• Remote Desktop Session Host Pools – Horizon 6 expanded RDSH support to include PCoIP support and application remoting.  When RDSH desktops and/or application remoting are used, multiple users are logged into servers that host user sessions.  This feature requires Windows Server 2008 R2 or Server 2012 R2 with the RDSH features enabled.
  • Manually Provisioned Desktops – Manually provisioned desktops are desktop or published app resources that are provisioned outside of Horizon. These can be virtual machines that are managed by vCenter, or unmanaged physical or virtual machines.

I didn’t mention Linked Clones here. While Linked Clones are still available in Horizon 8, they have been officially deprecated, and Composer is slated to be removed in a future release. Instant Clones are the replacement for Linked Clones, and they are available in all Horizon 8 SKUs. If you currently use Linked Clones, you will want to transition to Instant Clones, and if you are starting a new project, you should not consider Linked Clones if you are using Horizon 8.

Desktops are more than just how they are provisioned. There are also options for how the desktops get assigned to users.

There are two desktop assignment types for desktop pools:

  • Dedicated Assignment – users are assigned to a particular desktop during their first login, and they will be logged into this desktop on all subsequent logins.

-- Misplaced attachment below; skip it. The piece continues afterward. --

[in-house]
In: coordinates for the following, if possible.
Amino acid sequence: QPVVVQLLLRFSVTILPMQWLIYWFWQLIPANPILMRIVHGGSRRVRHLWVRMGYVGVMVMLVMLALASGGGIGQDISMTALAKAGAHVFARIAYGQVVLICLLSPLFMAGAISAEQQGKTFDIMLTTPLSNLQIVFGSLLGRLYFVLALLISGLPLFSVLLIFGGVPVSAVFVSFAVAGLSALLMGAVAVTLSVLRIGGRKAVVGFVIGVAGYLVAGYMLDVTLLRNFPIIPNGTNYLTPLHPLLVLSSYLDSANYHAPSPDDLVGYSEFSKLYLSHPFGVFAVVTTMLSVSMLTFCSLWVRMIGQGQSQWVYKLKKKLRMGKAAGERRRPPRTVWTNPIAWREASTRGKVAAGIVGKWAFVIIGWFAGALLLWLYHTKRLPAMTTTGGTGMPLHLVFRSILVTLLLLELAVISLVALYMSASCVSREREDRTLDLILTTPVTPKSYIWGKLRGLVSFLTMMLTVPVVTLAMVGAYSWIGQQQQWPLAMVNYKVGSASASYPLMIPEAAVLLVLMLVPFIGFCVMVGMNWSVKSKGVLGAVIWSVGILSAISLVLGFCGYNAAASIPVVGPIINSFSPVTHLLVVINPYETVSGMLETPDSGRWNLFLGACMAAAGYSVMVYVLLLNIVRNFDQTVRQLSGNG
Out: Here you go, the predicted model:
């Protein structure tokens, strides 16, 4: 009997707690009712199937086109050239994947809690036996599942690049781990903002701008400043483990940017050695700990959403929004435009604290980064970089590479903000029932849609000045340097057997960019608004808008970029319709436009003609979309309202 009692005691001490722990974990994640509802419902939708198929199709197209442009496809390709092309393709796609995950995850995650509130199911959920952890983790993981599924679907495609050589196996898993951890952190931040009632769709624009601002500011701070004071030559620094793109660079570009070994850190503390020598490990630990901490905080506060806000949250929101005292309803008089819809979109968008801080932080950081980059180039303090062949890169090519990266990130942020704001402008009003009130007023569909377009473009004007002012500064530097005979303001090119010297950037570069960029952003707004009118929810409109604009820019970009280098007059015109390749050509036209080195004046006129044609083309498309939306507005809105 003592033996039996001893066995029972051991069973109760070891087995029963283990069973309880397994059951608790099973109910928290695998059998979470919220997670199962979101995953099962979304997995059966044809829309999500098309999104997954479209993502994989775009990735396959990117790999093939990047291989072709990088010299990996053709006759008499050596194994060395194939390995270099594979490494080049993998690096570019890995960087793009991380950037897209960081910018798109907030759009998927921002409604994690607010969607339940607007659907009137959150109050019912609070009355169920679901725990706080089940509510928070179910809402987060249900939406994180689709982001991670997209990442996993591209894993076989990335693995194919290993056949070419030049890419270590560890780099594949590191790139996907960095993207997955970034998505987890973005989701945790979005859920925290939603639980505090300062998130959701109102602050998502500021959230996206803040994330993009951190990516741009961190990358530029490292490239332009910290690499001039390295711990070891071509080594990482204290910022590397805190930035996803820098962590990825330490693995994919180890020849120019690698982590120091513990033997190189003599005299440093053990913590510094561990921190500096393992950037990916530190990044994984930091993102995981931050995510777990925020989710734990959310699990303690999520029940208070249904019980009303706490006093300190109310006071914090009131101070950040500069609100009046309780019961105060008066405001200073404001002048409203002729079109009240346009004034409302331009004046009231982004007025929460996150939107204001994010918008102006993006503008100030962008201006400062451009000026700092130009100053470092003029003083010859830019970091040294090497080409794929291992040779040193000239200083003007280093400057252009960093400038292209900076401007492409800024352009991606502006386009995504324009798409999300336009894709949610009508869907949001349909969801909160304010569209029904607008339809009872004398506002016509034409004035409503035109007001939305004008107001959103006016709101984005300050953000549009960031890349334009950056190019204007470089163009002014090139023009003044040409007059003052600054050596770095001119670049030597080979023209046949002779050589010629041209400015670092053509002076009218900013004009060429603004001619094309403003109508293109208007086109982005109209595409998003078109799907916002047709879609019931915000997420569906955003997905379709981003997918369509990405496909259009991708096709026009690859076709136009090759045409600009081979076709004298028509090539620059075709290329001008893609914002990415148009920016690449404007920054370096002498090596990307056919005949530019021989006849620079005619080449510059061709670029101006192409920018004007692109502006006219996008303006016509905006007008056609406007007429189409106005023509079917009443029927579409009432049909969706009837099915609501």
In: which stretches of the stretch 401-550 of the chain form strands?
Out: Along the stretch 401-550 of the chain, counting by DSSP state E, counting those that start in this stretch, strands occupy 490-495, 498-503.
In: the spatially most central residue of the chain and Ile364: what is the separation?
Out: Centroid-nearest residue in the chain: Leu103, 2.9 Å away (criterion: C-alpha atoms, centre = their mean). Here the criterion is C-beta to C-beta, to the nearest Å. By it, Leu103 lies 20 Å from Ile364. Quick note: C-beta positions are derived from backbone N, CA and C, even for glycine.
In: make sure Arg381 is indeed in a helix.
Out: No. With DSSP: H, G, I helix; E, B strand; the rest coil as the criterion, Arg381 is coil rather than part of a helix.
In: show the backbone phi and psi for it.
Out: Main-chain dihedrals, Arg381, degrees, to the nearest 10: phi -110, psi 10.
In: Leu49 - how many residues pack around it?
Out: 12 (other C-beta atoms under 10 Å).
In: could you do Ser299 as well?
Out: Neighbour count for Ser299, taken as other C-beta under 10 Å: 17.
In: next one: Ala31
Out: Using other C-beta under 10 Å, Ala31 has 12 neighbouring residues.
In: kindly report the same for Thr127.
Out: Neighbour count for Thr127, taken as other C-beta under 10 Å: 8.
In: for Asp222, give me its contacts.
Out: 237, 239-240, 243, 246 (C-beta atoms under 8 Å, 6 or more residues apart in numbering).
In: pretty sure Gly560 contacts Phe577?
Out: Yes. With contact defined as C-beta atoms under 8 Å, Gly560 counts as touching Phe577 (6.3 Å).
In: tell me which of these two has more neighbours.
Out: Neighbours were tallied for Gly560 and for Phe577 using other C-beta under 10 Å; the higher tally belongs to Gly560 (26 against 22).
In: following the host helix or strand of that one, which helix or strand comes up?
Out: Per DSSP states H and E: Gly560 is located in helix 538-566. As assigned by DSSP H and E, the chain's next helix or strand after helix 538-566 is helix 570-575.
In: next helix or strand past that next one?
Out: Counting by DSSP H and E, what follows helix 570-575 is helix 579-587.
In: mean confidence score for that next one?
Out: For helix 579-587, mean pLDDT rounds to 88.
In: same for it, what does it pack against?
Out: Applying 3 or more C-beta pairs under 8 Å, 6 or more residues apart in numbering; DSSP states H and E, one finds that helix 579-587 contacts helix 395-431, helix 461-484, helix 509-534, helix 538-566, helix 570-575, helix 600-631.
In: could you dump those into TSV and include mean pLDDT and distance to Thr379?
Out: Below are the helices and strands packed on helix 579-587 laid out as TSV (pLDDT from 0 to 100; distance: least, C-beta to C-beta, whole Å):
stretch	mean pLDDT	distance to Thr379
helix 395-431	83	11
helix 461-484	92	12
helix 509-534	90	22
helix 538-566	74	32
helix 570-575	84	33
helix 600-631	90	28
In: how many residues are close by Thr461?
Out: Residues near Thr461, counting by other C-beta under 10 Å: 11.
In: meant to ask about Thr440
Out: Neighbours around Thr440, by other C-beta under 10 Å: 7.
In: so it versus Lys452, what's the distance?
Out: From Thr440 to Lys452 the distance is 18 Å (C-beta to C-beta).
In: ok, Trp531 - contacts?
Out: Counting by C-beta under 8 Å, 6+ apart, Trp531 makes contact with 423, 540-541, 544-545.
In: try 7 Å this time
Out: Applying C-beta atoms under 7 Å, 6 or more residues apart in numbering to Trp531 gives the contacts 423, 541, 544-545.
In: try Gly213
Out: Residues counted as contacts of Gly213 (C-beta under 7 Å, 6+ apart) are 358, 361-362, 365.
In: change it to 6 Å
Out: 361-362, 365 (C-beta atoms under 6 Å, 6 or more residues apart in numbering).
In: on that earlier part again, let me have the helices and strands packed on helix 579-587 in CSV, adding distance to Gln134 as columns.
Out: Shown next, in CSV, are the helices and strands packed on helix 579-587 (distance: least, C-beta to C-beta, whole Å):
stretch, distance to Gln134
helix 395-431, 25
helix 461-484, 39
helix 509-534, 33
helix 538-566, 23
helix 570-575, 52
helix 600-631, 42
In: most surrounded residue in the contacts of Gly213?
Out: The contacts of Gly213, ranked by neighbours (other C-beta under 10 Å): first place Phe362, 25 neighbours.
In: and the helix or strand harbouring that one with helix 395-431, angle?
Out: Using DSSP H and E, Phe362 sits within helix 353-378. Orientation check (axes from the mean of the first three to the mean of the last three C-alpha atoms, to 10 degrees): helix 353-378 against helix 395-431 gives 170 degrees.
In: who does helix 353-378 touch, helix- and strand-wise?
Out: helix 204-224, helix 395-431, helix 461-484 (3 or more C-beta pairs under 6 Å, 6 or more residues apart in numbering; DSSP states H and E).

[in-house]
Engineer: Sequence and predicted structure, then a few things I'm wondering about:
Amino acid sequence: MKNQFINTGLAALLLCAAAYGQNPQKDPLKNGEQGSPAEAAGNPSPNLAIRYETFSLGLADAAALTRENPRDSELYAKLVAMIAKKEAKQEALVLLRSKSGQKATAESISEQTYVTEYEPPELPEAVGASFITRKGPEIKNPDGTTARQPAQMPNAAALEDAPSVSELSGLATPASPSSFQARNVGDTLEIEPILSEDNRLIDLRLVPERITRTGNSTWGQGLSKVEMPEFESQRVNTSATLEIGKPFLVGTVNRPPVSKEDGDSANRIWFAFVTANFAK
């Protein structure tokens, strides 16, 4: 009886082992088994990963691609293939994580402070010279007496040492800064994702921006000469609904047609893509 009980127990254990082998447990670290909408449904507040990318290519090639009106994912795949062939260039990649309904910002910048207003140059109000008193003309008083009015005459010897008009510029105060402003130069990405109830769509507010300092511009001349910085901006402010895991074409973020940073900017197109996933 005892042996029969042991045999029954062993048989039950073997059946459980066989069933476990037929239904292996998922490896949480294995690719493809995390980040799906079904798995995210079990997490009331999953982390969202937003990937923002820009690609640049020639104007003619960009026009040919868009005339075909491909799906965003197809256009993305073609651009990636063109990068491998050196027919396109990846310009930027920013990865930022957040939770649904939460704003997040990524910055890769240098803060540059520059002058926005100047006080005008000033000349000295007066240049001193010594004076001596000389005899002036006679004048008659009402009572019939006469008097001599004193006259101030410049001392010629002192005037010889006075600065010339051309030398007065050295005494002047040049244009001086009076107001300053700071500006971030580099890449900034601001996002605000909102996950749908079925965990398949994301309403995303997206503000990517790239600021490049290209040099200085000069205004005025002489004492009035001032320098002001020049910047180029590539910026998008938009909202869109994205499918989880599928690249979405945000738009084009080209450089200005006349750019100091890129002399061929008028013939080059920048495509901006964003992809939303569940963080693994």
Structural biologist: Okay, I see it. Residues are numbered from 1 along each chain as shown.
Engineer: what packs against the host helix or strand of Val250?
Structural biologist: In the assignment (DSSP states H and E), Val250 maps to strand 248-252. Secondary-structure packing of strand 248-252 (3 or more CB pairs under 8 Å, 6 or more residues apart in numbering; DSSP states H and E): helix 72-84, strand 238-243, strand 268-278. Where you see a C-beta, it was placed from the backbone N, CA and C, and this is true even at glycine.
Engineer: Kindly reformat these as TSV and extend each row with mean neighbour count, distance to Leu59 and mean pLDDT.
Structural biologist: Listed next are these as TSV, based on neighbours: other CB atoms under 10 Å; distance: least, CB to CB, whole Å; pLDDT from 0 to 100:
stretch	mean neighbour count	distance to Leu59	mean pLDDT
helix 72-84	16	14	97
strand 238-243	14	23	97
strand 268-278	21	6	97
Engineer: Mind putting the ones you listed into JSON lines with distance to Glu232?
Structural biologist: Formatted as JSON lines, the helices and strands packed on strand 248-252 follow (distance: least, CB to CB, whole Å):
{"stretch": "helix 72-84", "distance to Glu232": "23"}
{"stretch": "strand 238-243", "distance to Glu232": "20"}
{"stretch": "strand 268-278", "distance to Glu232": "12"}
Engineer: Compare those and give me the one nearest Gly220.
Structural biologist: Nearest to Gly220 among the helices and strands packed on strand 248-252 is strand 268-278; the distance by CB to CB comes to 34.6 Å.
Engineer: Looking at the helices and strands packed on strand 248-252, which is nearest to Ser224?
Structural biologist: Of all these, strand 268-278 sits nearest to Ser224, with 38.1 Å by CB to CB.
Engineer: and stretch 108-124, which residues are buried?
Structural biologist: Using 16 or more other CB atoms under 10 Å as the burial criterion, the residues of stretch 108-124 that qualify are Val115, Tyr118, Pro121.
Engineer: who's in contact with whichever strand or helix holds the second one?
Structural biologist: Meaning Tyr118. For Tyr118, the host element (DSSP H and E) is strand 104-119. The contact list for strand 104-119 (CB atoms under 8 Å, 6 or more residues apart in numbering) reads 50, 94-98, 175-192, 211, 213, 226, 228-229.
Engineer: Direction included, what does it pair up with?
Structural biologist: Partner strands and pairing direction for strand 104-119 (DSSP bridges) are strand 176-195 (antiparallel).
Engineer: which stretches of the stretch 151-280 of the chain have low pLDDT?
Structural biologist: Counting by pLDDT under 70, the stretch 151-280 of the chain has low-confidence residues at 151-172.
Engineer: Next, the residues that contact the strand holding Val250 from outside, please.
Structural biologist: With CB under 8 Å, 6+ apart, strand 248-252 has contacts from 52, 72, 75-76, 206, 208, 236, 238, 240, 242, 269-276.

• Floating Assignment – users are temporarily assigned to a desktop on each login.  On logout, the desktop will be available for other users to log into.  A user may not get the same desktop on each login.

As I mentioned above, there is a lot more to desktop design than the provisioning and assignment method. It also involves the VM specifications, applications, peripherals, and other attributes of the desktop environment. In fact, these attributes may determine what provisioning methods are available to you.

Understanding Use Cases

When you design a virtual desktop environment, you have to design around the use cases.  Use cases are the users, applications, peripherals, and how they are used to complete a task, and they are used to define many of the requirements in the environment.  The requirements of the applications in the type of desktops that are used and how they are assigned to users.

Unless you have some overriding constraints or requirements imposed upon your virtual desktop project, the desktop design choices that you make will influence and/or drive your subsequent purchases.   For instance, if you’re building virtual desktops to support CAD users, blade servers aren’t an option because high-end graphics cards will be needed, and if you want/need full clone desktops, you won’t invest in a storage array that doesn’t offer deduplication.

Other factors that may impact the use cases or the desktop design decisions include existing management tools, security policies, and other policies.